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I confess I read footbalers autobiographies and usually enjoy them - does that make me some kind of literally imbecile - well I'm not bothered really!! On my shelf are countless LFC ones such as (off the top of my head without looking) Kenny, Keegan, Carra, Robbie, Stevie G, Rush, Digger, Emlyn, Shanks, Stevie Heighway, Macca, Tommy Smith (haven't read that one yet actually but I will do) and then I read biogs of others involved with footy such as refs (as I ref a bit myself) - Ellery, Poll, Winter, Collina and others miscellaneous ones such as Tony Adams, Bob Wilson, Stan Ternant, Bobby Robson, Southgate, Pele, Mick McCarthy and several more. I suppose I just enjoy reading about the game and I get something from most books.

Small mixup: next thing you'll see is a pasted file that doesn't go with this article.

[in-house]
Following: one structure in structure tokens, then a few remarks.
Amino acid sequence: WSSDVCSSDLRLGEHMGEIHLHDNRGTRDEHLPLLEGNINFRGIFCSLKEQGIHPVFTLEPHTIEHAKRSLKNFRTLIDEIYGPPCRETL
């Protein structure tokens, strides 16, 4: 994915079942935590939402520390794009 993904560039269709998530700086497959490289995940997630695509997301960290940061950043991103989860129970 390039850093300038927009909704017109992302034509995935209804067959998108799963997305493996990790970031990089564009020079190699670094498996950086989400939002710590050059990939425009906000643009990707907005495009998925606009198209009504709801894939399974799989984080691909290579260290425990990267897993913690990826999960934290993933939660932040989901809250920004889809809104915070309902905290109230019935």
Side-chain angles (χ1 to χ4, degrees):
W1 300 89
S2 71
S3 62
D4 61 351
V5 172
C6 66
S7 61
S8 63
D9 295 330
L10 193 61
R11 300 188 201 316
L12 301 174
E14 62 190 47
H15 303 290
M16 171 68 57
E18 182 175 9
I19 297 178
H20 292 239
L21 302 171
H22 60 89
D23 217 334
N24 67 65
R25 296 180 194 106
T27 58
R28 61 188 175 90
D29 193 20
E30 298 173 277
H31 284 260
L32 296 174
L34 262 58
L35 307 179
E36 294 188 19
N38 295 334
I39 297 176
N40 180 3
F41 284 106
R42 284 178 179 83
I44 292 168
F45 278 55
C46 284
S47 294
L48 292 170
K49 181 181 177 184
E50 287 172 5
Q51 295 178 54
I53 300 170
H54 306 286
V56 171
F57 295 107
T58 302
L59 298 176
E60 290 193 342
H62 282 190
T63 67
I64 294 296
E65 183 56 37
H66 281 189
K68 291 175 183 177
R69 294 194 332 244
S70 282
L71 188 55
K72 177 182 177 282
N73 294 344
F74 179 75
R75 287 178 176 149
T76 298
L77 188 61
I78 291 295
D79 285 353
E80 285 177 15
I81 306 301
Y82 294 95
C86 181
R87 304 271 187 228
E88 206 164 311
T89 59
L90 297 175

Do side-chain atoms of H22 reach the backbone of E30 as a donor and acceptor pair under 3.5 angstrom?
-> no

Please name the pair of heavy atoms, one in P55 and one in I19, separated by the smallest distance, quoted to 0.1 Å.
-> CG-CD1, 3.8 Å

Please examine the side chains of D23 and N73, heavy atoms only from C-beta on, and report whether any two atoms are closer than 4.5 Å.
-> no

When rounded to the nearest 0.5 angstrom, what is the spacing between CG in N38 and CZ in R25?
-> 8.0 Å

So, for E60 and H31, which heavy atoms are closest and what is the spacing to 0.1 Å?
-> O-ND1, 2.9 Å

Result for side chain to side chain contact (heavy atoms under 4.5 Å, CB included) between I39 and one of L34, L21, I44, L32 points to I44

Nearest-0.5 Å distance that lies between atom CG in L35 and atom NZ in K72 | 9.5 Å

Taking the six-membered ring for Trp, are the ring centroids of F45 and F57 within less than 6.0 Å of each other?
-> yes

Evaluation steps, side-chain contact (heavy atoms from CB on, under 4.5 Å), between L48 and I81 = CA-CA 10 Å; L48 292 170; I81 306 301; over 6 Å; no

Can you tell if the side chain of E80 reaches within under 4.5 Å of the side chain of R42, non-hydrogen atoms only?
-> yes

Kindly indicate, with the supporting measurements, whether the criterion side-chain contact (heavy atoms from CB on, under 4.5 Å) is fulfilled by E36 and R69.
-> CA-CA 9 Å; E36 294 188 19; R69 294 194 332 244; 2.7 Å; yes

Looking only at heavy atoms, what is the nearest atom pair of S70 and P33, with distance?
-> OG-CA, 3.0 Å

Regarding quality reads tho for LFC fans I'd say my personal favs are Hillsborough the truth by Phil Scraton and 43 years by Brian Reade. Both are superb - for different reasons obviously. I've also read the Football Agaunst the enemy Kuper book and one about corruption in FIFA called How the stole the game both of which were interesting. And of course theres Nick Hornby's Fever Pitch which is a bit of a classic - OK but reading about someone enjoying Liv 0 Arse 2 in 1989 is hard to take!! I also have a copy of the Imlach book but I have not got round to reading it yet but after the good reviews it has had on this thread I must read it soon - thats the trouble really - there are so many books to read (not just abiout football either) and not enough time to read them. And with the advent of the internet I spend a lot (too much?) time on here 'chatting' to others and so read less.